Australia is a safer country as a result of what was done in 1996. It will be the continuing responsibility of current and future federal and state governments to ensure the effectiveness of those anti-gun laws is never weakened. The US is a country for which I have much affection. There are many American traits which we Australians could well emulate to our great benefit. But when it comes to guns we have been right to take a radically different path.

John Howard was prime minister from 1996 to 2007.
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Postby Kybasser » Wed Jan 16, 2013 9:48 am

Hey, Wasn't Australia started as a penal colony? I am sure the indigenous peoples were all treated fairly when all the prisoners were moved there, and I am sure this is why Australia needs gun control. Here in the U.S. of A., as the Aussies put it, find the areas that have the most gun violence, Chicago, NY, and Washington DC, and you find the metro areas that have the most restrictive gun laws. Add to that the fact that Norway has some of the very most restrictive gun laws, and explain how they stopped the guy who killed all those kids on that island?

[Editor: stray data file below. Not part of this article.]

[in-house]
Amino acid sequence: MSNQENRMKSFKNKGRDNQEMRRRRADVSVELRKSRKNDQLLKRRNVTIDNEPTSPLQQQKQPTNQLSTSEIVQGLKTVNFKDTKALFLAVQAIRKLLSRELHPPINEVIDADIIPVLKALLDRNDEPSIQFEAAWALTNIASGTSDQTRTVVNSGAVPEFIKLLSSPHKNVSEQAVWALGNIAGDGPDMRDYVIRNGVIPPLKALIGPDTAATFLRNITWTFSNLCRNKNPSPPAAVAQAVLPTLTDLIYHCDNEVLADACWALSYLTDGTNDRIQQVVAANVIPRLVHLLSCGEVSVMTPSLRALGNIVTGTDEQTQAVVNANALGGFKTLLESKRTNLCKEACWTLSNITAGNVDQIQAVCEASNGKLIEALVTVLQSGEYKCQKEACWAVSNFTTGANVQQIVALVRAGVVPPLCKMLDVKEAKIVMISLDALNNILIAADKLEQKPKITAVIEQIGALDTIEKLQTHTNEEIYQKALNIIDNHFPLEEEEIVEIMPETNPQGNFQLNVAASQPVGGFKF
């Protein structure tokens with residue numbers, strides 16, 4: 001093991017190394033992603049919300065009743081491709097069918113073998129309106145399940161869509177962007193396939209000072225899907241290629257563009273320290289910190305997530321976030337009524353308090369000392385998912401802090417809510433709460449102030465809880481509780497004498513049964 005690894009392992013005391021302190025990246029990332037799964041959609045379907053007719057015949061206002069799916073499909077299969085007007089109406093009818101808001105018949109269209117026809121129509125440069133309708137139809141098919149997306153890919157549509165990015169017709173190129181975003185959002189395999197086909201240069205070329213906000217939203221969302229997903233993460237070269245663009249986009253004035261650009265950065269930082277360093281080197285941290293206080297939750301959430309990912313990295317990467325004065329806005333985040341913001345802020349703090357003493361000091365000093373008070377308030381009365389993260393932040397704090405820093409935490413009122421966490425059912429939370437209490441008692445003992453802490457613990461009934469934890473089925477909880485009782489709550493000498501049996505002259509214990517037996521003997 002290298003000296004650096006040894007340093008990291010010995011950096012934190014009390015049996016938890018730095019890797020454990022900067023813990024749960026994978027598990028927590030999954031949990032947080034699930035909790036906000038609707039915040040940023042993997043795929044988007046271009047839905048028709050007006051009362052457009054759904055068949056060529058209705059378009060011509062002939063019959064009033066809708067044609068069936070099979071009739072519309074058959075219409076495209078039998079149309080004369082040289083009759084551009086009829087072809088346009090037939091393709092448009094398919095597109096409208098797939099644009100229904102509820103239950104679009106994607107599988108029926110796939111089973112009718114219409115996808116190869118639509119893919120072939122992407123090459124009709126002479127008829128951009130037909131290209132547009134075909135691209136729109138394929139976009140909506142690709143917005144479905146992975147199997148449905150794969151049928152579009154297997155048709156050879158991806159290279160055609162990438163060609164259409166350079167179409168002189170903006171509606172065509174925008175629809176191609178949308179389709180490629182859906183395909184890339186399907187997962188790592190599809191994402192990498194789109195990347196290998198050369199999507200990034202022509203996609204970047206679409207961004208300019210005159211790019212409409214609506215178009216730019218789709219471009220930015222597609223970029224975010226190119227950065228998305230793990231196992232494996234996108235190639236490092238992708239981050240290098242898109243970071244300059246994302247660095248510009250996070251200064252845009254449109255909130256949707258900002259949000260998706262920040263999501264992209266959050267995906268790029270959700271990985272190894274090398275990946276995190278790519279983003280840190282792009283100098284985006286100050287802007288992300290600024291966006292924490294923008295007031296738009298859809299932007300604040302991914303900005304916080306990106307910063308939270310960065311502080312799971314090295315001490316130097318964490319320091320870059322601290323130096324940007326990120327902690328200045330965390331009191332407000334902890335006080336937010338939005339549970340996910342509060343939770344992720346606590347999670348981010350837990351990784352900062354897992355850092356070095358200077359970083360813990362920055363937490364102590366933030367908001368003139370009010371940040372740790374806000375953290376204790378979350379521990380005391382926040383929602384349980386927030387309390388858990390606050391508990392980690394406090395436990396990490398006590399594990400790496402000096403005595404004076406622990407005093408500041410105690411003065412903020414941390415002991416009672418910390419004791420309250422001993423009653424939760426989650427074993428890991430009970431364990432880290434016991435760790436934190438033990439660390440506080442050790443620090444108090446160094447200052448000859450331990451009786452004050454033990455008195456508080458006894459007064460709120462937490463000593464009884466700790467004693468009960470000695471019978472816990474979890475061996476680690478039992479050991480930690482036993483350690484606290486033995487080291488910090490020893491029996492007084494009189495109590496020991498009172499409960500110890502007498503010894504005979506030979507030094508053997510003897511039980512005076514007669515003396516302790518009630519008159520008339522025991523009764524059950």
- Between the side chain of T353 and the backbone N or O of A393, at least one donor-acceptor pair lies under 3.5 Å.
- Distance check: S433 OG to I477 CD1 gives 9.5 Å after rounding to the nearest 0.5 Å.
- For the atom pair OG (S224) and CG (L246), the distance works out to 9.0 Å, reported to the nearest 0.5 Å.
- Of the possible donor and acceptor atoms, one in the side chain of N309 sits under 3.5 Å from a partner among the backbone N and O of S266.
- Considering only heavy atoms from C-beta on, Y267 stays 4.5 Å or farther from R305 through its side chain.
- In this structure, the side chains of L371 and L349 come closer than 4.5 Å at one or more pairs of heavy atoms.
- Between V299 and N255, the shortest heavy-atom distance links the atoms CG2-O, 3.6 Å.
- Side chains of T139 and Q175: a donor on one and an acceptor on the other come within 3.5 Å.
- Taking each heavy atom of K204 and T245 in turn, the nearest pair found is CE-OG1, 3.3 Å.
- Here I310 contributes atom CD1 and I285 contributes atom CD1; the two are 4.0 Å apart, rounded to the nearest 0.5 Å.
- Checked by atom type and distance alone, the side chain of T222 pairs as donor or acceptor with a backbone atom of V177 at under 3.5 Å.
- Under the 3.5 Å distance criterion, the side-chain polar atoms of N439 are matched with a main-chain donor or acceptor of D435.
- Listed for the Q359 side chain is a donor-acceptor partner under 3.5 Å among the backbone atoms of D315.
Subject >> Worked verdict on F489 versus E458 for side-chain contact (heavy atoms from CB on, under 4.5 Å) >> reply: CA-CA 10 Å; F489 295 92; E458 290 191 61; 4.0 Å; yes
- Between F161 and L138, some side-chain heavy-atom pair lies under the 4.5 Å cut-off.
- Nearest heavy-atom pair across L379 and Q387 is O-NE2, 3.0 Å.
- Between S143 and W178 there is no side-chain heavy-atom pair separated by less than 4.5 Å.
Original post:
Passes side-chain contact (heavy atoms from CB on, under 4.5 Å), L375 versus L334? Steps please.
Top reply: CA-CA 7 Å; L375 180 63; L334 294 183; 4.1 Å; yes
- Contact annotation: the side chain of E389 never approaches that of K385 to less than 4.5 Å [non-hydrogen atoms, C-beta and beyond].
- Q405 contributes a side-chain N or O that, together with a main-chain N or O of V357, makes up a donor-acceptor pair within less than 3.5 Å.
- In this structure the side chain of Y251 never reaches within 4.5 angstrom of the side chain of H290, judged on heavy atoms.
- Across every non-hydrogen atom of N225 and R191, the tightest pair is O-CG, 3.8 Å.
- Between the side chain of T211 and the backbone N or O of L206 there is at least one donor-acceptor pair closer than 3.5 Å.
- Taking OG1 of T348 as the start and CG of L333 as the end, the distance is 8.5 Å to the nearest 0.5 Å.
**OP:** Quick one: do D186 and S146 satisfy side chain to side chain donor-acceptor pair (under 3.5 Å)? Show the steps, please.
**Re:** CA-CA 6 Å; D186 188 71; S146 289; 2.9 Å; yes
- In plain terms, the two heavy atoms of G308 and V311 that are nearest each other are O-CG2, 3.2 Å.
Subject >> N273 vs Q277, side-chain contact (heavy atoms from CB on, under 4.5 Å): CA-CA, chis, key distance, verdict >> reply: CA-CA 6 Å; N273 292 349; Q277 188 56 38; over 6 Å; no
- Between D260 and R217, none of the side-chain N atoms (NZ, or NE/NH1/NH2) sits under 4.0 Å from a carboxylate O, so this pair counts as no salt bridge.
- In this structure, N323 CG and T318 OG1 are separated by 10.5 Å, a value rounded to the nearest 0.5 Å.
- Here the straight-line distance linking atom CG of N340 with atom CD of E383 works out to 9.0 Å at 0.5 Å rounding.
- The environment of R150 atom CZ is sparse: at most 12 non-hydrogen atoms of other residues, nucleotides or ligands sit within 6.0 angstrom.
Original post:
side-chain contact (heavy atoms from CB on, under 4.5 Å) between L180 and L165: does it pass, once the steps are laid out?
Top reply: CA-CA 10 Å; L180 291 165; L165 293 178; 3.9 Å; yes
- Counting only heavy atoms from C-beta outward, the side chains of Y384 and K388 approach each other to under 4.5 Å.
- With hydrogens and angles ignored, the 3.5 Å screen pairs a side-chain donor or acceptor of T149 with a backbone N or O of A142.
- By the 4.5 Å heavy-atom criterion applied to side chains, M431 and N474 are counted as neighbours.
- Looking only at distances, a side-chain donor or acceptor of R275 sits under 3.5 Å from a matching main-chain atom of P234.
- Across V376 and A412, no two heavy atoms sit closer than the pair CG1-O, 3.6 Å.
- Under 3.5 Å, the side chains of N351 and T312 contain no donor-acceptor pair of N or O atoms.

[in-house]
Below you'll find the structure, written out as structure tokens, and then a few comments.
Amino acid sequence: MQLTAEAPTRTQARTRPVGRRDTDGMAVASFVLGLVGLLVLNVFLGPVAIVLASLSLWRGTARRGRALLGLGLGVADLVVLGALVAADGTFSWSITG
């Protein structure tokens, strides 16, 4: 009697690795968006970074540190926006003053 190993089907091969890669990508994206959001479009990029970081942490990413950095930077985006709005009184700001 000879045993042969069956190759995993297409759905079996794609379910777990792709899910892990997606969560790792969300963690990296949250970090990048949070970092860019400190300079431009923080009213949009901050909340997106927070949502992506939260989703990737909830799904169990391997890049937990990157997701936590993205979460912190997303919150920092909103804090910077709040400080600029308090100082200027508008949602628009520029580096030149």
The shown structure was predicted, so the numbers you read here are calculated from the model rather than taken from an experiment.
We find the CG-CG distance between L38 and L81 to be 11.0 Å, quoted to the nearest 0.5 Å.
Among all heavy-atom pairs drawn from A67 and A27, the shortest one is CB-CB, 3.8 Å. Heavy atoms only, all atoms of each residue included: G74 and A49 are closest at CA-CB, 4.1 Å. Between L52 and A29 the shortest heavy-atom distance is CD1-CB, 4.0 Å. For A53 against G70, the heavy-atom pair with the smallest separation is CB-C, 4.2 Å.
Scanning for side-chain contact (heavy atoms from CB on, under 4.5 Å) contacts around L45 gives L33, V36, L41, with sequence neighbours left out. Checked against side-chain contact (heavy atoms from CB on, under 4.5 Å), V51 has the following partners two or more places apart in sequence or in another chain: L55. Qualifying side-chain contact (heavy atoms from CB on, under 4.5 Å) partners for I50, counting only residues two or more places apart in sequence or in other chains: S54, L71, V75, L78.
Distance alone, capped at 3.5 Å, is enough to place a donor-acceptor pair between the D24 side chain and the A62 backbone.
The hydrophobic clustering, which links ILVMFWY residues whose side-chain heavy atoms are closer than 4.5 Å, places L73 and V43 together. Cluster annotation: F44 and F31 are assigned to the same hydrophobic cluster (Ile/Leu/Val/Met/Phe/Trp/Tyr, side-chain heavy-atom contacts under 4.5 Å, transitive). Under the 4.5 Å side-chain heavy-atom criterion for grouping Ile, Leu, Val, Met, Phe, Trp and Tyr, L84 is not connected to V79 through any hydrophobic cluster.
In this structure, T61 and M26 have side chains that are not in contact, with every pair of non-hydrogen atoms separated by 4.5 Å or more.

Look at Sweden, they have very little gun violence. They have a law that states every man, maybe every person, over 18 must own a gun and be instructed on its use. So, why is that important? Consider the guy who went into the Oregon mall a few months ago. It was supposed to be a gun free zone, the places where the most horrific killings always take place. he pulled out his weapon, despite the law saying he wasn't allowed to have it, killed two people then he killed himself. Why did he kill himself? Because he saw a guy who had a concealed carry permit pull his weapon out. The shooter got scared and killed himself. So in essence, that one guy having a gun stopped what was very potentially a much more horrific incident.

Consider the lady in Atlanta that recently saved herself and her children when a home invader broke into her home. She called 911, but the cops could not get there quickly enough. She locked her bedroom door, then what I think was her bathroom door, trying to keep the guy from her children. But he broke through those locks, and she shot him three times. He escaped, but only a little way down the street where police arrested him and took him to the hospital.

Our liberal press do not publicize this side of the gun control discussion, or in the case of Obama his monarchy of actions. But that is a little understandable, you see, when a person uses a weapon to stop a mass killing, it generally ends with only one person getting killed. That is not as sensational as a story about a lot of people getting killed, and let's face it, the news has become about two things... making money and pushing a liberal agenda.